How is it that I allow my kids’ to “work” me?
“Mom, my stomach doesn’t feel good. I can’t go to school!”
“Come on, now, you’re OK. We have a nice lunch packed, and your hair is fixed, and you have plenty of time to get the bus.”
“But I don’t feel good; I’m tired!”
Well, I believed that! My two are always up past the bedtime that would be best for their health. Why can’t I be more forceful and make them stick to it?
The thing is I enjoy my kids’ company, and, since we like to watch certain television programs together and read books together (sometimes even things they are working with for school), it is tempting to have them up that extra hour – not just because they want to be; it’s my pleasure, too.
So this morning, what about the school bus? She’s still balking about going out the door. I took her temperature. Normal for her is always below normal.
“I spit up a little.” She knows the school rule about not sending a child within a day’s time after throwing up.
“You mean you lost all the orange juice and English muffin?”
She nodded weakly. How would I ever know for sure? I heard the air brakes of the school bus as it pulled away from our drive. I could still take her to school within the next half hour. Was it worth the effort to try and work my way around her wiles?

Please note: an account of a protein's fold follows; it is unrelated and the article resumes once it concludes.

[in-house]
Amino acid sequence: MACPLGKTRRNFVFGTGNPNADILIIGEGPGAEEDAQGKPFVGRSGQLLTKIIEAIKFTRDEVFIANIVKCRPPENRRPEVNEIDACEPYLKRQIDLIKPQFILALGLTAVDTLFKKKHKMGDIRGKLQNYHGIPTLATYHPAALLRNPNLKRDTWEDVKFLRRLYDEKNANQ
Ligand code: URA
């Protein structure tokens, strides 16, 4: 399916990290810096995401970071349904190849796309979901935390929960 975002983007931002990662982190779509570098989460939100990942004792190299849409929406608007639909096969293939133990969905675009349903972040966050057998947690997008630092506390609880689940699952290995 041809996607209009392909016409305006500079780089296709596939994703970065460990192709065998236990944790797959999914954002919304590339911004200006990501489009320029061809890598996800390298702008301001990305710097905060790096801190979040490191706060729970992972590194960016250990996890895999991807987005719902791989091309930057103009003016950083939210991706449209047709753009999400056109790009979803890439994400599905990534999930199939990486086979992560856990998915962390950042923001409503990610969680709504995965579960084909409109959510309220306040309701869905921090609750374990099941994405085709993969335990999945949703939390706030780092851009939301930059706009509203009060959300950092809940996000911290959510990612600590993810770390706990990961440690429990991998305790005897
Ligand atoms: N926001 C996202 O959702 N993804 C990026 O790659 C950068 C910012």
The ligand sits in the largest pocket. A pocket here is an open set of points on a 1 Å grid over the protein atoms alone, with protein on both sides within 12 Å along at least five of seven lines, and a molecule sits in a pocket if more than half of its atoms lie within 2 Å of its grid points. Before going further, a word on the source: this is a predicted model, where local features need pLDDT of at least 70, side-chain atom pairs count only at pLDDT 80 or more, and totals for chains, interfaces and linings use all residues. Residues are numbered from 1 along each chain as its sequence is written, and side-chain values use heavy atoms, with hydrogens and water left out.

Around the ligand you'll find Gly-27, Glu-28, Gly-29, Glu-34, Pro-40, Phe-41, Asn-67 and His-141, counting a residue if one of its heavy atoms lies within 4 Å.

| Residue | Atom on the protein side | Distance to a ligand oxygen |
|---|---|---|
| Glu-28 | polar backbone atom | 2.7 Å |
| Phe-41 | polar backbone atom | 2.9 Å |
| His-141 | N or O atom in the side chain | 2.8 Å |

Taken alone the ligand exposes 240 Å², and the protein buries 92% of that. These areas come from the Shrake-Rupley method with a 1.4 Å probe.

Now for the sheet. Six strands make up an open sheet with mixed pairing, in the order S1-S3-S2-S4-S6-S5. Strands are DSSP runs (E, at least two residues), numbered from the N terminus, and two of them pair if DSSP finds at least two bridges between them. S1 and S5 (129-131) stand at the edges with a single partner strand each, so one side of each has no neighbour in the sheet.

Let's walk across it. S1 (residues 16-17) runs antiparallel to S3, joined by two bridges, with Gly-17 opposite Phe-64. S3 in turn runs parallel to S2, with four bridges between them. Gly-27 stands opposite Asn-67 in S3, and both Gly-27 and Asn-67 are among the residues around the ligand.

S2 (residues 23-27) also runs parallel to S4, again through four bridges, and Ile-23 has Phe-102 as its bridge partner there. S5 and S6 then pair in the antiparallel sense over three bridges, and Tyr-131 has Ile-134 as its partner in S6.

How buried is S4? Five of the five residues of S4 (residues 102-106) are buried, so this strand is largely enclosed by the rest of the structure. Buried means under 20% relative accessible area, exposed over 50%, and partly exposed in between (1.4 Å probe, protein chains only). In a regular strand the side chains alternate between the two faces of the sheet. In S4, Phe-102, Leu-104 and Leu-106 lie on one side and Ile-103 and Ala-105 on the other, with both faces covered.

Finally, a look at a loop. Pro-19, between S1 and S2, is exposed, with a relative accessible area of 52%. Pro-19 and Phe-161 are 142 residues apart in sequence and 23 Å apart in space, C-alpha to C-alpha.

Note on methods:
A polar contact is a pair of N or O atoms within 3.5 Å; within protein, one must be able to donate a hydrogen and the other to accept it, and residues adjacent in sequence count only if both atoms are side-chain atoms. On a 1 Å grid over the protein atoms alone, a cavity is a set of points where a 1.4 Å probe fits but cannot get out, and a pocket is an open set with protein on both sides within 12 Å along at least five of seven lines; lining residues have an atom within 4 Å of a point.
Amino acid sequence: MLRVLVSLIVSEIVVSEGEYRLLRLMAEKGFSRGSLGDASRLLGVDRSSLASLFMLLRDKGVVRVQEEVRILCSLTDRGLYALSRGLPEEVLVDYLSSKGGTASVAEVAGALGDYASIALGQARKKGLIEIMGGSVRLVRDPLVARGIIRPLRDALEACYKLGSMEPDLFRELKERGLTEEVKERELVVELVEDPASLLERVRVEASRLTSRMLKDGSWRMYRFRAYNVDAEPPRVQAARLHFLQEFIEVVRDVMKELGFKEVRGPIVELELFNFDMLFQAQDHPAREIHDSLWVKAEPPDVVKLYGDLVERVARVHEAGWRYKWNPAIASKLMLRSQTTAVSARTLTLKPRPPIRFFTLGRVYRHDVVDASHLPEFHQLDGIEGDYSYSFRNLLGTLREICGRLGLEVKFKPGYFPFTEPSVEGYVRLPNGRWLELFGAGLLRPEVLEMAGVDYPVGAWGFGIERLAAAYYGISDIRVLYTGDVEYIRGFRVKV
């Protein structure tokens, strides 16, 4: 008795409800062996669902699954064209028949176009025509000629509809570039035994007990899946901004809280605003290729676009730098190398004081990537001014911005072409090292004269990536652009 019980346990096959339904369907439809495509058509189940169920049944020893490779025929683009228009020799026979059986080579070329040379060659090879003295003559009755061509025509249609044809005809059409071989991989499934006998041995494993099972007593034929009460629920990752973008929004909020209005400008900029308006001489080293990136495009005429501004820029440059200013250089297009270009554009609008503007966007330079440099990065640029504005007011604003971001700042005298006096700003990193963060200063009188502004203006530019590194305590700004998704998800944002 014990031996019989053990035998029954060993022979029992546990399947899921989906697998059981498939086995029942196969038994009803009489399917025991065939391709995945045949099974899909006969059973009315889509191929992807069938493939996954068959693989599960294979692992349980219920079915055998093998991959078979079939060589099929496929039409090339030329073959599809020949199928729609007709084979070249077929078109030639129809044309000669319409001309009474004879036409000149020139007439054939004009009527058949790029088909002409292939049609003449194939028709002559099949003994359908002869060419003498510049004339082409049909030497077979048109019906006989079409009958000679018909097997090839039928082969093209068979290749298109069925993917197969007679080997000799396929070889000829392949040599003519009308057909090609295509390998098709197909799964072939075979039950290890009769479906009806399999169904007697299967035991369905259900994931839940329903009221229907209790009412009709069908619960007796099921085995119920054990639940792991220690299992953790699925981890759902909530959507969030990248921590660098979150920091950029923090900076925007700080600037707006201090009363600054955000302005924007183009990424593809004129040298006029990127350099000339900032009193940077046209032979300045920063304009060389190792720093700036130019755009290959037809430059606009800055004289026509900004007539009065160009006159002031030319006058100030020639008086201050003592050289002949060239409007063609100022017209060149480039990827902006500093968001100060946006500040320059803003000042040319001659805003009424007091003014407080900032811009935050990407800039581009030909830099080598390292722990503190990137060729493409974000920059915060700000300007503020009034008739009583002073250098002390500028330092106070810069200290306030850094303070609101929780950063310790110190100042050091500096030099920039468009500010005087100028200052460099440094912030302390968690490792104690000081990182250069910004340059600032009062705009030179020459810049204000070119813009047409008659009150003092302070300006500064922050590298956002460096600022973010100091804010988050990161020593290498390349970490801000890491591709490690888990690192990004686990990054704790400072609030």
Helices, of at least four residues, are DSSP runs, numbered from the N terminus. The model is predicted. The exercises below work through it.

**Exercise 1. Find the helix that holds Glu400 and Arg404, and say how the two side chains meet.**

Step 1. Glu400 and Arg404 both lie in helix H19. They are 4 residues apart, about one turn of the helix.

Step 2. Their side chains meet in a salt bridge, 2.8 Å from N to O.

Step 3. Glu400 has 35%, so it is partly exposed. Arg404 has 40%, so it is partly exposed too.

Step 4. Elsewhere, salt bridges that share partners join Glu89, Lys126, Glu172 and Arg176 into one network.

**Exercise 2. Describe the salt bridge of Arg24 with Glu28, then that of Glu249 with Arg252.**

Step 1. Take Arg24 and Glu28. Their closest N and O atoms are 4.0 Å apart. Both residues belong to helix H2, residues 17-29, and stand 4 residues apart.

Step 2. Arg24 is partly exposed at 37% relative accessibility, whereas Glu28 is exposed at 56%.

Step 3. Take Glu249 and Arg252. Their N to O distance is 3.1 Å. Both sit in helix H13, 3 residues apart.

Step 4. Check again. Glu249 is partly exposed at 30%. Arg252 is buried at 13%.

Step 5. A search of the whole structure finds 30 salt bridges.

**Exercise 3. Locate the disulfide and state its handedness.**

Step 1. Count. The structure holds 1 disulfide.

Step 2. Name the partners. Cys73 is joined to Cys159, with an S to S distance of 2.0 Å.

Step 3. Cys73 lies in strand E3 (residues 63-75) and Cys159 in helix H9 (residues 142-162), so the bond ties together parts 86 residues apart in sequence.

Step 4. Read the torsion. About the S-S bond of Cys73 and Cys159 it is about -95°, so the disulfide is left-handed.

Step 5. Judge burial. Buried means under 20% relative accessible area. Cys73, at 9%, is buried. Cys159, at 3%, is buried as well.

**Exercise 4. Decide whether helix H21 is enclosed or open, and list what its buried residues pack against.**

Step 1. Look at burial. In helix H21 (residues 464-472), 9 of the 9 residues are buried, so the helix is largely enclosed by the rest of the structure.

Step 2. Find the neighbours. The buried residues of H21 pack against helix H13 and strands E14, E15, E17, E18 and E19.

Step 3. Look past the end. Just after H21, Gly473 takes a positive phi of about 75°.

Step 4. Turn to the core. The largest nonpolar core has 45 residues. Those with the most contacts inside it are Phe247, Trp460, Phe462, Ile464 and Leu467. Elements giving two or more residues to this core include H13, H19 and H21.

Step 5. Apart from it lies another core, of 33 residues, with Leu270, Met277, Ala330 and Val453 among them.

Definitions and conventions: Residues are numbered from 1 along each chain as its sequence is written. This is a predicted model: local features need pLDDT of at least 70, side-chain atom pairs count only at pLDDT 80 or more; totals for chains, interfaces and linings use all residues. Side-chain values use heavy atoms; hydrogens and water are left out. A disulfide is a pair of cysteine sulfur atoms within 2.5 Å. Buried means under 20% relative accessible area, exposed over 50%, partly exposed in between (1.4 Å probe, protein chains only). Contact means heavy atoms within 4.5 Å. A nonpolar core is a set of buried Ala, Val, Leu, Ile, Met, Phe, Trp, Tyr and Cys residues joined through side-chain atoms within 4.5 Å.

“Well, you have to rest, and you’re not watching TV all day, or running around playing with the cat.”
“OK.” She was careful not to look too relieved and happy as she quickly returned to her room.
I put the perishables from her lunch in the fridge, then joined her on her bed. She was tucked in with her clothes on.
“Let’s change your clothes. You can wear those tomorrow. “I suggested. “Once you’ve rested a little I’d like you to pick out a book to use for your book report (she has one due for school at the first of every month) and read it today.”
I’m still questioning my reasoning that morning, but we all need times when we don’t do what we are supposed or expected to do (even if we’re not really sick) and know things will turn out all right in spite of it. Those times become fewer and less possible as we make commitments and grow up.
She lounged on the bed all day with Henry and the Clubhouse by Beverly Cleary.
She finished it that afternoon. Oh, to be young, and be governed by a mom who allows the benefit of the doubt.
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